With respect to robotic surgery, there has been a steady and persistent increase in the utilization of this platform in recent years. From 2009 to 2010, the utilization of robotic surgery has increased across all hospital settings in the United States (i.e., urban, rural, teaching, non-teaching) (6). There has been a myriad of benefits offered in support of robotic surgery, including 3D optics, increased dexterity provided by wristed instruments, and purported ease of use for both benign and malignant surgical disease (7). Additionally robotic surgery provides an ideal potential platform for applications of artificial intelligence (AI), advanced image guided surgery and potential safety attributes. While largely theoretical at present, together they offer exciting future possibilities. While some reports have shown robotic surgery to result in fewer conversions to open, and lower blood loss compared to Laparoscopic surgery, no other significant clinical differences between laparoscopic and robotic surgery were observed (8,9).

It is well recognized that robotic surgery is more expensive than conventional laparoscopy or open surgery (10-12). Furthermore, the cost of treatment will always factor into a patient’s treatment plan and will surely influence how surgeons provide care to their patients. However, the cost of innovation is always initially high. We must first and foremost truly understand if a treatment is better, before we can apply economic evaluation to a therapy.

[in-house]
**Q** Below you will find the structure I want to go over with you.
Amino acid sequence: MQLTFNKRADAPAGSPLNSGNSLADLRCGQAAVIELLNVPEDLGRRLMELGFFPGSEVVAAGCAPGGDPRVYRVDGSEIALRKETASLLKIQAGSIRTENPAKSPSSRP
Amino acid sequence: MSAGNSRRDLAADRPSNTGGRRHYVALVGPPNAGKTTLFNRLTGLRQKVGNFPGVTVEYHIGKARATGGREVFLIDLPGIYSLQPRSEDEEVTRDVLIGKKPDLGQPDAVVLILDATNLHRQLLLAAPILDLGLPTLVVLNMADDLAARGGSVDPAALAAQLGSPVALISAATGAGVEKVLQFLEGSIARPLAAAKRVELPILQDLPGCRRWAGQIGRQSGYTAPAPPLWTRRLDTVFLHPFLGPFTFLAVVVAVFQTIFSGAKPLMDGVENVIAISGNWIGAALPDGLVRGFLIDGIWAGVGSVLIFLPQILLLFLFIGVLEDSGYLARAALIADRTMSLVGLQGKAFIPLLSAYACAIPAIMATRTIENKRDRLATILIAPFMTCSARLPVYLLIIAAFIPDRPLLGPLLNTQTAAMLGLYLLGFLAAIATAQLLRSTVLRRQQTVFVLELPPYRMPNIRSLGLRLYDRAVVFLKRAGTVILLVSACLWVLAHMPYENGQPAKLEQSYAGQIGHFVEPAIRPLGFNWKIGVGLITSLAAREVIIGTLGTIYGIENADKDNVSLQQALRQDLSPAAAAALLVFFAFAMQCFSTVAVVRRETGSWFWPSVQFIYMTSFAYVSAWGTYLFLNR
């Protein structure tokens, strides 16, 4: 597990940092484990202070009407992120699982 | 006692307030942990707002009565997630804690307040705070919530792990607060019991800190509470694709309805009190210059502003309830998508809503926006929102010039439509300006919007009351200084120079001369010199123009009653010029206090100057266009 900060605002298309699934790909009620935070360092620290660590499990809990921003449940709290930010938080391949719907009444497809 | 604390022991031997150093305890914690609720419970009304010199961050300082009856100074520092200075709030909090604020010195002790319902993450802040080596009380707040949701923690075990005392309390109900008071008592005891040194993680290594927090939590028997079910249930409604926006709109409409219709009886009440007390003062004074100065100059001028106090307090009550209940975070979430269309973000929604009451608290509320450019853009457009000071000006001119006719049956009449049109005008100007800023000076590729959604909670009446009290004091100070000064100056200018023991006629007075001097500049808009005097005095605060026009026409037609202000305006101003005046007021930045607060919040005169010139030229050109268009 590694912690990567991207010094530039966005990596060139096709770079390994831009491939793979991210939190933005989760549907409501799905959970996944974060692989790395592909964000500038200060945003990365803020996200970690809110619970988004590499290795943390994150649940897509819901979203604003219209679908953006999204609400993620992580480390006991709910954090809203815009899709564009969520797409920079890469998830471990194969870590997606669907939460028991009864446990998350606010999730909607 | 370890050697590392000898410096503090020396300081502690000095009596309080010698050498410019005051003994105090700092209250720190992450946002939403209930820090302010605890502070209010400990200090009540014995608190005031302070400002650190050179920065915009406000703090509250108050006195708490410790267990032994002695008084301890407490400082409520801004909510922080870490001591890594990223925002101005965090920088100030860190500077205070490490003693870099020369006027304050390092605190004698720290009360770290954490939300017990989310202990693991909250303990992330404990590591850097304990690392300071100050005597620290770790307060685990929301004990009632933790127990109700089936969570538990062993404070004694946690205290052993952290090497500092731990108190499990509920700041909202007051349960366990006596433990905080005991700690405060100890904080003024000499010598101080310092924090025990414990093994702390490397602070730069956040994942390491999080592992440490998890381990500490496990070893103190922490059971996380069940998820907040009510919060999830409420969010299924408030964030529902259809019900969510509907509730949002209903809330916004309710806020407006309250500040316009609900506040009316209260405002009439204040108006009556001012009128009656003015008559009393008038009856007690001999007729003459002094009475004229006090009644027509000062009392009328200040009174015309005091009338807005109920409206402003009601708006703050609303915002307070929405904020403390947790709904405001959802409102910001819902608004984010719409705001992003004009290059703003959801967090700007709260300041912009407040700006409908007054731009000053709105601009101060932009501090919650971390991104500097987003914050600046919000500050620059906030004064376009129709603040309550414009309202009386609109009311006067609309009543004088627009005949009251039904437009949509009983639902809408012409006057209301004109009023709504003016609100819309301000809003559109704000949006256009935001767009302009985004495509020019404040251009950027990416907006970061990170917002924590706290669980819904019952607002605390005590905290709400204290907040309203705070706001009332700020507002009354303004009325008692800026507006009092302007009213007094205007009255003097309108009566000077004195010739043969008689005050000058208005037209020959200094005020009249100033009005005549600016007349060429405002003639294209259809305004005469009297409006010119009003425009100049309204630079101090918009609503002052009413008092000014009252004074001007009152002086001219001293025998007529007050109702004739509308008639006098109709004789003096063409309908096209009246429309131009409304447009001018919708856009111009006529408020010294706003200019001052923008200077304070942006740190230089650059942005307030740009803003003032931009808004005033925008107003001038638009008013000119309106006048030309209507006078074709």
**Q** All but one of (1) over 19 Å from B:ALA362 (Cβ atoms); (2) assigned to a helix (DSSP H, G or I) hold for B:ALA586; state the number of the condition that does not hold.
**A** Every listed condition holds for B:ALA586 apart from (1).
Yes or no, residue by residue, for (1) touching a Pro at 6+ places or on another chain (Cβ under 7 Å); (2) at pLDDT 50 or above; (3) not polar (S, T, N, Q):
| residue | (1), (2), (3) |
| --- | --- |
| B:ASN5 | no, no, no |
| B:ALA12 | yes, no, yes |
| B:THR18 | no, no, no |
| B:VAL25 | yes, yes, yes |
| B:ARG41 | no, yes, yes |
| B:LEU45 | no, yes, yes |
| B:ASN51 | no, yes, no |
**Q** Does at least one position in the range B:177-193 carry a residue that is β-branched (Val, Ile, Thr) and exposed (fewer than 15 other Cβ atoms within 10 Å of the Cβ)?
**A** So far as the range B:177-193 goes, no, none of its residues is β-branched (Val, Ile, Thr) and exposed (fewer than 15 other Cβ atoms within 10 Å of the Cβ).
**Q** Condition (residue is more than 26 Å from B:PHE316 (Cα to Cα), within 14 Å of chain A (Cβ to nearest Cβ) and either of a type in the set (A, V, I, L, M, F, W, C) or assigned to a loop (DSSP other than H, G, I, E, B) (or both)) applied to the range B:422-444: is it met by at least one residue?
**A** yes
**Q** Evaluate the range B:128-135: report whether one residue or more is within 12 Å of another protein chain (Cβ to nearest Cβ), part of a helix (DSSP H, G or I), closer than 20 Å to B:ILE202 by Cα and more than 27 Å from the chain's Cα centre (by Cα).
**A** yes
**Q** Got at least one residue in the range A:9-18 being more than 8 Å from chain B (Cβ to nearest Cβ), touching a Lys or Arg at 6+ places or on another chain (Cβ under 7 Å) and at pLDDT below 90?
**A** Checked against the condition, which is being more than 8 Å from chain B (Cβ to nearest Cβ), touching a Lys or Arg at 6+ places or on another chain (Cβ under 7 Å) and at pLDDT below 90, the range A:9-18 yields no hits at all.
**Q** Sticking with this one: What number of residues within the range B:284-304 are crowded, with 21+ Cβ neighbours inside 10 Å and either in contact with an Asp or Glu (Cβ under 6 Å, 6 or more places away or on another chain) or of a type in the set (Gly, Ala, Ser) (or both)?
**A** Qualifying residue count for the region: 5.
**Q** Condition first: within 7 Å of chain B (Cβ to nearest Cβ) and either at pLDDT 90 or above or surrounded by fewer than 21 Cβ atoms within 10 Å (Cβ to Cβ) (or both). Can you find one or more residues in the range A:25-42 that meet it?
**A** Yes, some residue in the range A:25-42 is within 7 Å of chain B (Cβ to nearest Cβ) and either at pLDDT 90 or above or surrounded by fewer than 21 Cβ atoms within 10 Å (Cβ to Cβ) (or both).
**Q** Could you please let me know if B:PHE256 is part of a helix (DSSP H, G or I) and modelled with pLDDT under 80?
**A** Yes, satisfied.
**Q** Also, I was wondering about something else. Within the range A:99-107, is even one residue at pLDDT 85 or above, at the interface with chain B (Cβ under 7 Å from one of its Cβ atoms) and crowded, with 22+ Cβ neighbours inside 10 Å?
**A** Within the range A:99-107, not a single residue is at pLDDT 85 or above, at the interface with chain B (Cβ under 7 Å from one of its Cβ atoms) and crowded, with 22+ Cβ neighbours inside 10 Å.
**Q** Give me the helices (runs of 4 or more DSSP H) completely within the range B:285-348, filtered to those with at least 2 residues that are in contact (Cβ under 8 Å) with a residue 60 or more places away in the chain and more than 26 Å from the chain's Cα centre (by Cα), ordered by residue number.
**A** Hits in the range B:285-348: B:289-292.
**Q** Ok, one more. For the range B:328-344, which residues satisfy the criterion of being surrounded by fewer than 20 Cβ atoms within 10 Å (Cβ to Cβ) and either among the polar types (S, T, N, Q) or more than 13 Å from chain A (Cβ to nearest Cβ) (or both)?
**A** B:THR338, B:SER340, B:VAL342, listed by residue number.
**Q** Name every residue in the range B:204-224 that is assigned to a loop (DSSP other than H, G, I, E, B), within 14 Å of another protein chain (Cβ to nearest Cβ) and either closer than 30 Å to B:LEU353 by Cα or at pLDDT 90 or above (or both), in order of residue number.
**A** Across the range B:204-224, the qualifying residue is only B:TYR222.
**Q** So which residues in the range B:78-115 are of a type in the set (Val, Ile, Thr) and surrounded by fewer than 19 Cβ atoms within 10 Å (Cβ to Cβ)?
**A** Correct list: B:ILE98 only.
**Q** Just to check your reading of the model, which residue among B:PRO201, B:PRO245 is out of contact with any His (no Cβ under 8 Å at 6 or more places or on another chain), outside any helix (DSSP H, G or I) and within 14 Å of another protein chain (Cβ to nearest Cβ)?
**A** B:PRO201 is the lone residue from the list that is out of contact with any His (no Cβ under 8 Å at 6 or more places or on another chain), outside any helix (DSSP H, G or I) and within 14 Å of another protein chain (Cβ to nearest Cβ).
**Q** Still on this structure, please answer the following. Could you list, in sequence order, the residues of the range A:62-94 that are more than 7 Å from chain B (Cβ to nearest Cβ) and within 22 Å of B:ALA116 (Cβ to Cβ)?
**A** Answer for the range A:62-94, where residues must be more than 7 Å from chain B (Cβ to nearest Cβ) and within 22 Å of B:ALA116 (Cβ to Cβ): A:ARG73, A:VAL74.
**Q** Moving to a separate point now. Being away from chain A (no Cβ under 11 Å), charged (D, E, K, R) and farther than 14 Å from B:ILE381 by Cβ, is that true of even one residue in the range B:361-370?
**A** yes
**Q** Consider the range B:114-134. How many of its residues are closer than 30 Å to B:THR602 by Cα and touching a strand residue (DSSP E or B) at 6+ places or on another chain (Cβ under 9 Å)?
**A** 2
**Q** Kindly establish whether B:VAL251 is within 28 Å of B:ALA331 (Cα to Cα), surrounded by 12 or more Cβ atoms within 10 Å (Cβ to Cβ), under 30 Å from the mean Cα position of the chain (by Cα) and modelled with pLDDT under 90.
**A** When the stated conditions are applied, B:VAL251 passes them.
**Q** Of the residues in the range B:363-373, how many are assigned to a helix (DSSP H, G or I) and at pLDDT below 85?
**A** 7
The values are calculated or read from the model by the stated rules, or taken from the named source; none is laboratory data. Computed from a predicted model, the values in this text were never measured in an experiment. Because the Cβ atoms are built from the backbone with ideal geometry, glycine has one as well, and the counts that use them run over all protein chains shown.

A major issue that comes to bear in considering rectal cancer surgery focuses around one central issue: rectal cancer surgery is difficult. Operating within the confines of the deep bony pelvis, with the field occupied by a malignancy, in an area where it is hard to see, and small amounts of blood make visualization problematic makes the entire endeavor challenging. Further, limits on reach for dissection and retraction are considerable. All of these factors combine to create a difficult environment for the operating surgeon.

The proof of this obvious surgical reality, rests in the multitude of articles published in the last 15 years surrounding the optimization of first open, then laparoscopic, then robotic TME, and more recently, transanal TME (7,10,13,14). The reason all of these approaches have attracted such attention, is the underlying drive of the surgical community to make high quality rectal cancer surgery simpler and more easily attainable.